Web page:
Dexamethasone eye drops show therapeutic potential in diabetic macular edema
Topical OCS-01, a dexamethasone ophthalmic suspension, appears to be beneficial in the treatment of patients with diabetic macular edema (DME), with the results of a phase II study showing that the drug helps improve central macular thickness.
The phase II study included patients aged 18–85 years with DME of <3 years duration, Early Treatment Diabetic Retinopathy Study (ETDRS) central subfield thickness ≥310 μm by spectral domain optical coherence tomography (SD-OCT), and ETDRS letter score ≤73 and ≥24 in the study eye. These patients were randomized to treatment with OCS-01 (n=99) or matching vehicle (n=45), one drop three times daily for 12 weeks.
Researchers assessed the change from baseline in ETDRS letter score and central macular thickness (CMT), the primary efficacy outcomes. They used a linear model with baseline ETDRS letters as a covariate, and missing data imputed using multiple imputation pattern mixture model techniques.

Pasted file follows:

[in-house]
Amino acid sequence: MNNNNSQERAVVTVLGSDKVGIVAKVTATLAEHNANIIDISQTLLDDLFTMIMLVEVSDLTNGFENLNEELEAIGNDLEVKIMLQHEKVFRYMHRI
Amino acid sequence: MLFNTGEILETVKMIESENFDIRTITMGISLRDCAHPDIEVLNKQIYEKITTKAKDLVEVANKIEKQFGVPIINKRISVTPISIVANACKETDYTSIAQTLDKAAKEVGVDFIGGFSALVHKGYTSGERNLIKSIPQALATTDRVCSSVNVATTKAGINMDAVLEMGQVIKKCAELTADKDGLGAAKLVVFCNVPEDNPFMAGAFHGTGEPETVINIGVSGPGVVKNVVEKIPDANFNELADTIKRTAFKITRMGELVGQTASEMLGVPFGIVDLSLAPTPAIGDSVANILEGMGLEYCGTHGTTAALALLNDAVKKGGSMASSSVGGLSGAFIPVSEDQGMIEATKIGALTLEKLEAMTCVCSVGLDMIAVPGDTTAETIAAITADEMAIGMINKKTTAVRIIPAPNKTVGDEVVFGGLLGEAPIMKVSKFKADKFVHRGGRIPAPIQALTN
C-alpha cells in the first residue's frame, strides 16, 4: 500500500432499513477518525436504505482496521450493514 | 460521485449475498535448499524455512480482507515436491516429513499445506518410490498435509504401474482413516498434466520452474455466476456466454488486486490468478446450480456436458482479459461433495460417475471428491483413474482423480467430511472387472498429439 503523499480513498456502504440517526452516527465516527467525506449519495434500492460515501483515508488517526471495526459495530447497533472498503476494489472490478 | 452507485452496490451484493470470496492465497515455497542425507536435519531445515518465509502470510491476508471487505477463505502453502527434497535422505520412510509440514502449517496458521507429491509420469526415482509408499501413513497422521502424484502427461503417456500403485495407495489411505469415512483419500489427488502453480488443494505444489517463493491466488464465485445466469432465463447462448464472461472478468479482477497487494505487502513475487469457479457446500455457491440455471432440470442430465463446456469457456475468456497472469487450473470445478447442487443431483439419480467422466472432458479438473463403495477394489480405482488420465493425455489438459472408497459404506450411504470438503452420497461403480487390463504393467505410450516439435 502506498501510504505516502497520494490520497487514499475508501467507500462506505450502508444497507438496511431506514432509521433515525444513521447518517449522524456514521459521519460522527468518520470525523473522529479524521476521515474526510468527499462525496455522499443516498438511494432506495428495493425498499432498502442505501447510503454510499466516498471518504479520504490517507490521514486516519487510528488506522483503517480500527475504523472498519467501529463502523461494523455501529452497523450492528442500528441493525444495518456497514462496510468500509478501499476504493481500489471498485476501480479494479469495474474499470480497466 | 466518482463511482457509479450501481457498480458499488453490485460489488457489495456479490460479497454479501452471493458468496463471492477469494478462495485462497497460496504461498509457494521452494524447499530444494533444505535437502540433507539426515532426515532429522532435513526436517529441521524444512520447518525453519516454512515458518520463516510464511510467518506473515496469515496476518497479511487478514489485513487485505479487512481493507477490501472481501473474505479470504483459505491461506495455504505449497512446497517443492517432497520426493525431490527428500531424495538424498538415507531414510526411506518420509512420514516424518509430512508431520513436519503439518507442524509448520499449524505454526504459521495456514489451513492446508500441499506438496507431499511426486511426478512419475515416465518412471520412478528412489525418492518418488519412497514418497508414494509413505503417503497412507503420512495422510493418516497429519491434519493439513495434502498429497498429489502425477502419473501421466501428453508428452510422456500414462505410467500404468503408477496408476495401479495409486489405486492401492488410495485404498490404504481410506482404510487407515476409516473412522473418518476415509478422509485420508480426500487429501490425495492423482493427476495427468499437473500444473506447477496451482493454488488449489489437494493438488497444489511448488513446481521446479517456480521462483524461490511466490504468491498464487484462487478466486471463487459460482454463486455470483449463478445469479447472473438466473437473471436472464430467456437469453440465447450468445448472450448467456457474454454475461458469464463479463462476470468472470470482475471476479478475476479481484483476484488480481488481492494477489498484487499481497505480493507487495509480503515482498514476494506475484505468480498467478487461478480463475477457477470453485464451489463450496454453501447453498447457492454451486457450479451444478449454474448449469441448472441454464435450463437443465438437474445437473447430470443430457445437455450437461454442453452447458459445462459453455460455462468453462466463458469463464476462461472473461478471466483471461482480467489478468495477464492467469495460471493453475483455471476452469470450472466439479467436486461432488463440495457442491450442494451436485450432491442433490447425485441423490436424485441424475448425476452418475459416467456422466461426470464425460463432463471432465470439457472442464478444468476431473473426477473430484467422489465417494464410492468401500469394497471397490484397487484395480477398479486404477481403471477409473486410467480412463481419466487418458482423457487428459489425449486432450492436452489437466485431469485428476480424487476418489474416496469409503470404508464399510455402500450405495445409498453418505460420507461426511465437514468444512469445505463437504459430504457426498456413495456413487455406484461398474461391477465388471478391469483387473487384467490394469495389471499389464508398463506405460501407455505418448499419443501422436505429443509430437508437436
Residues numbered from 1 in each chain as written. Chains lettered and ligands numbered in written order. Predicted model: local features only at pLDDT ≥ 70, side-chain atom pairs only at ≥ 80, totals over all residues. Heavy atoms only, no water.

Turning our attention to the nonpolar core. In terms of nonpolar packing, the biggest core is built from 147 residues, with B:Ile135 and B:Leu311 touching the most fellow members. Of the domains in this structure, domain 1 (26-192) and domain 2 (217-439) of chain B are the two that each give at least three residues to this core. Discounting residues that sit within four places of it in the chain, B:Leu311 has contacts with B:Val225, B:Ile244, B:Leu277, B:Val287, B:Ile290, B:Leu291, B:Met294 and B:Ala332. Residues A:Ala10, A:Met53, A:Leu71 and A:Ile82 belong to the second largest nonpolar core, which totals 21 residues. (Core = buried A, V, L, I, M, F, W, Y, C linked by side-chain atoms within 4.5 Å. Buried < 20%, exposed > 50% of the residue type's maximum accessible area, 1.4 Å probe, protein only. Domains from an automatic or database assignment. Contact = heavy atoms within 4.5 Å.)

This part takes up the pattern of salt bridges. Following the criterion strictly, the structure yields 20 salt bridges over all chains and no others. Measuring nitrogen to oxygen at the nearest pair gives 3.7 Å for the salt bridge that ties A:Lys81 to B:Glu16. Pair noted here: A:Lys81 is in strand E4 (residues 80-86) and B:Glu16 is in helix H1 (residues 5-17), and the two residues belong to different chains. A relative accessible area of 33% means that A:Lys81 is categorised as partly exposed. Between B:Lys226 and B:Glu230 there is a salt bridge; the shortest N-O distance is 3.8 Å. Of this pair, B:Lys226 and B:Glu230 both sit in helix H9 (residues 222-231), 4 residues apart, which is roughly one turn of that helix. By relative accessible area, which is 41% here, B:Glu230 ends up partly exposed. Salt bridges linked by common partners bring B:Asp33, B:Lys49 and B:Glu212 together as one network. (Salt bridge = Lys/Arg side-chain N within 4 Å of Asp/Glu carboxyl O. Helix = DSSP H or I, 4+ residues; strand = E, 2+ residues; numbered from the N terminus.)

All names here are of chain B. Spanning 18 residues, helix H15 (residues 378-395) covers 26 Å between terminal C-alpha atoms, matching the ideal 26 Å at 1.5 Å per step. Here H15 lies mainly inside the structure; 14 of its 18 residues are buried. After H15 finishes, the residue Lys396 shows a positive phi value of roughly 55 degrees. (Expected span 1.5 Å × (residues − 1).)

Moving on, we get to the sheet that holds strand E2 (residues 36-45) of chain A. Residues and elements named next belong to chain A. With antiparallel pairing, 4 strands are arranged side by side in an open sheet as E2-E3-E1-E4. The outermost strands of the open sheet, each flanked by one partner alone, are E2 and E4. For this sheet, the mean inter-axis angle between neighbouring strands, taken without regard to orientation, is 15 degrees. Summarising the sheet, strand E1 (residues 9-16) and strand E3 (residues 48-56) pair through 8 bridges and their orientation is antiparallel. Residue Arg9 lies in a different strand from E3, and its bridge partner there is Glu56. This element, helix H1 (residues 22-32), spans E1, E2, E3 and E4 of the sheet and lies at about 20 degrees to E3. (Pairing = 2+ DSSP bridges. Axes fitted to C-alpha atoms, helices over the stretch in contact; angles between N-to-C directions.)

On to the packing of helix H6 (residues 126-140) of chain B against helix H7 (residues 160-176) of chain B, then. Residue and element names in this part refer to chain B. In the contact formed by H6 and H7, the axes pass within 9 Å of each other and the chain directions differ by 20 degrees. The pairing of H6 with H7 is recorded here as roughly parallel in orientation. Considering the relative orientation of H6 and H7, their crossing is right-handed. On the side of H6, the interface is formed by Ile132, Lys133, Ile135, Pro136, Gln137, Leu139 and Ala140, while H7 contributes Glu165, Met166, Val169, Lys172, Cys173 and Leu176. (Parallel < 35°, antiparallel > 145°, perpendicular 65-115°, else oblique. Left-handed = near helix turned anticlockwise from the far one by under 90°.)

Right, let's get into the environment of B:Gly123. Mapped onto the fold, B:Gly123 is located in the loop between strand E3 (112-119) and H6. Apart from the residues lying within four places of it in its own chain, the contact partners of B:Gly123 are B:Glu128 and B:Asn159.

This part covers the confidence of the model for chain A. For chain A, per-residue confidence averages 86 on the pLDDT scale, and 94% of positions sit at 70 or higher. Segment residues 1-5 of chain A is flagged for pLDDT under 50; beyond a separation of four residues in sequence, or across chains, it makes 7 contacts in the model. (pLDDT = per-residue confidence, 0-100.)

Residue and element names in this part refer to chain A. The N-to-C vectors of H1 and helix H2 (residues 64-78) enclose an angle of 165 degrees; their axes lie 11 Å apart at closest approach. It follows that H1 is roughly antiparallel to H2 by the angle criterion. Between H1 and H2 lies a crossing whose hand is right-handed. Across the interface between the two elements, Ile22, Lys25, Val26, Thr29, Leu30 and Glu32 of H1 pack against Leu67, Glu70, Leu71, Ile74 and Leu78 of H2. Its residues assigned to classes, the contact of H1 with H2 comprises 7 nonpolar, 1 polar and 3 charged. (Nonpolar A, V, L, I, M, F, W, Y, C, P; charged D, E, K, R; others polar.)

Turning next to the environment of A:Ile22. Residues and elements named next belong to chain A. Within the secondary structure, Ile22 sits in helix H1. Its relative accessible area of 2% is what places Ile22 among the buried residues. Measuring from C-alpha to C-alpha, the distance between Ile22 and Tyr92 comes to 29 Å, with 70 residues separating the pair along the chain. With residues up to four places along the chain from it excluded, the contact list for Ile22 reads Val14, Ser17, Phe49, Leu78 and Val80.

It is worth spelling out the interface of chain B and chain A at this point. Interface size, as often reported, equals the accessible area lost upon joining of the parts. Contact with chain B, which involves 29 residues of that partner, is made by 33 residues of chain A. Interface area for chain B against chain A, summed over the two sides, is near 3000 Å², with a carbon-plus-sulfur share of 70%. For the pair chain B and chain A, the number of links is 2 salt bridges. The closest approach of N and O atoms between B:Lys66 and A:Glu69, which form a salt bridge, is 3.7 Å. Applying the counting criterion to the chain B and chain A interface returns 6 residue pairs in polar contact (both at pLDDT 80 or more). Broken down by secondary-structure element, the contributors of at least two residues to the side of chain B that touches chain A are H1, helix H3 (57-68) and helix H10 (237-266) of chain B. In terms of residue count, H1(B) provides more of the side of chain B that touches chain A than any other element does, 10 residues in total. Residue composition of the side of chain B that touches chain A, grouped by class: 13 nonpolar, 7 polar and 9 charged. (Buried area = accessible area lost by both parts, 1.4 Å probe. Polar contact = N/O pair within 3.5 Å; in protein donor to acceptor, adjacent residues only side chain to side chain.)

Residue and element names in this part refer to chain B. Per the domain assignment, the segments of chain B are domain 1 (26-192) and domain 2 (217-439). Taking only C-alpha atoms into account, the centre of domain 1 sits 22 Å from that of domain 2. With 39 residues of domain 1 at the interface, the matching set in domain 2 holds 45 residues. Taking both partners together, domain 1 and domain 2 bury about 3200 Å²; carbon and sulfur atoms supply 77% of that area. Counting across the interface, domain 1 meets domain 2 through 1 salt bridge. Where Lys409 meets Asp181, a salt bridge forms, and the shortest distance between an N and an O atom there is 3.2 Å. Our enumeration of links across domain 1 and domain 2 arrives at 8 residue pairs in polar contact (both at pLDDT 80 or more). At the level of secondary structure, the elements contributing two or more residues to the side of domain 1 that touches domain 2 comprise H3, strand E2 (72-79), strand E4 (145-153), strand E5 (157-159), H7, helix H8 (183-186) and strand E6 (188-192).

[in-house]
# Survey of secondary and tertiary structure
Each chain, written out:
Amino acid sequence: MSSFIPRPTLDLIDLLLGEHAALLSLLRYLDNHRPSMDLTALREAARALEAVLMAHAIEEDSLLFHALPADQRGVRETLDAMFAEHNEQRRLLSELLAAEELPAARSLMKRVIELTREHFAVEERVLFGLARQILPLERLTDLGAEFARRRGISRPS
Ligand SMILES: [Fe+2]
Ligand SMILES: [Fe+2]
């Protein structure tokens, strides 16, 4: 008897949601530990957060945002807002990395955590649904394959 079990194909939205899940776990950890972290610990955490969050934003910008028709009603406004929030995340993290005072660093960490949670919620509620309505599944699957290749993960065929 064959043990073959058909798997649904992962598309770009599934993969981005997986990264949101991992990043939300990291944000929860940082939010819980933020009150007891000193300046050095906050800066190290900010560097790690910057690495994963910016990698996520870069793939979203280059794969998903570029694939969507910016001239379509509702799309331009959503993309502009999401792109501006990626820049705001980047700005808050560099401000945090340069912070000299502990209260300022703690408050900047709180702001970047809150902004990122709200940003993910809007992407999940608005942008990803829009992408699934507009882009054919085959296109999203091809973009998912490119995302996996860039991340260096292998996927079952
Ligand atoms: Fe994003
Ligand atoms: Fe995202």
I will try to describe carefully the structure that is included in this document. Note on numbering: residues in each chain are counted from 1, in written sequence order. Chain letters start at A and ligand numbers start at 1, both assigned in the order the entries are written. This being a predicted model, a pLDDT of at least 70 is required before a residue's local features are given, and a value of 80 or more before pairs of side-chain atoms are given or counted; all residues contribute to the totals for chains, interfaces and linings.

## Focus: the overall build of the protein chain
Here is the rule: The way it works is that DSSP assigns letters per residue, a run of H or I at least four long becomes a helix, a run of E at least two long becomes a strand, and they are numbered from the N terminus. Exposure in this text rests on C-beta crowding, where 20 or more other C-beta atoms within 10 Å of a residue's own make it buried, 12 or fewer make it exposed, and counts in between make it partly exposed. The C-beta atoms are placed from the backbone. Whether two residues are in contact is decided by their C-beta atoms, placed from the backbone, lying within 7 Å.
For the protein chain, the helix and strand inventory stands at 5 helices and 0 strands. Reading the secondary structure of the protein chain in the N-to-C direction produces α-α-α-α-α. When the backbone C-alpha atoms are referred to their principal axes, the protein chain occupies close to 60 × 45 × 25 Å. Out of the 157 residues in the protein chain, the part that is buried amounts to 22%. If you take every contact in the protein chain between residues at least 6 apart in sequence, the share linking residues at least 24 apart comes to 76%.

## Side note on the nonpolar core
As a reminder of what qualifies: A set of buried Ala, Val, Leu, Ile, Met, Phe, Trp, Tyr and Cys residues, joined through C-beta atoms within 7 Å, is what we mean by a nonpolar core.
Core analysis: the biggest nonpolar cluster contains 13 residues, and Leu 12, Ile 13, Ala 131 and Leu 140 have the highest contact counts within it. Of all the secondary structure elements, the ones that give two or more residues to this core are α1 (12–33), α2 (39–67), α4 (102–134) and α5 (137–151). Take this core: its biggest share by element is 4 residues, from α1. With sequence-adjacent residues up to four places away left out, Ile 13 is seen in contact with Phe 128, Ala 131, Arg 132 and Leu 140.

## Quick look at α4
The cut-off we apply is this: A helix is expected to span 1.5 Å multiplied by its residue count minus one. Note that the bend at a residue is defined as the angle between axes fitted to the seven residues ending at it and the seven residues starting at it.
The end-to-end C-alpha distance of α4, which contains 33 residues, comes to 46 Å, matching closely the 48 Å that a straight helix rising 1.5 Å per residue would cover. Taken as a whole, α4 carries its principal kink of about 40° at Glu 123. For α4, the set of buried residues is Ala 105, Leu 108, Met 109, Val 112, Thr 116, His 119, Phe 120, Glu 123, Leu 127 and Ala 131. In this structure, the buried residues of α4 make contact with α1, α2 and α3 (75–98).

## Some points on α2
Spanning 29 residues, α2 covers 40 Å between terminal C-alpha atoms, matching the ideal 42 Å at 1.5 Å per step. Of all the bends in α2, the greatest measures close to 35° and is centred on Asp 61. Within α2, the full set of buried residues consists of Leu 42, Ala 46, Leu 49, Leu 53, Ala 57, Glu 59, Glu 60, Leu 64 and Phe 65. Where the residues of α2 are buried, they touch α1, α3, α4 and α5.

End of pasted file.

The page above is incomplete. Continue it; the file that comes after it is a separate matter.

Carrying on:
At week 12, mean CMT showed a much greater decrease with OCS-01 than with vehicle (−53.6 vs −16.8 μm; p=0.0115). The superiority of OCS-01 was already evident at week 2 and maintained through week 12.
Meanwhile, while more patients in the OCS-01 group gained ≥10 or ≥15 ETDRS letters (14 percent and 5 percent, respectively) than in the vehicle group (9 percent and zero, respectively), the between-group differences were not statistically significant. Furthermore, the proportion of patients losing ≥15 ETDRS letters did not differ between the two groups (zero in the active treatment group vs 2 percent in the vehicle group).
In terms of safety, OCS-01 was well-tolerated, with intraocular pressure elevations being the most common adverse event. In a post hoc analysis, there was a greater difference in patients with baseline BCVA ≤65 letters; the OCS-01 group improved 3.8 letters compared with 0.9 letters with vehicle.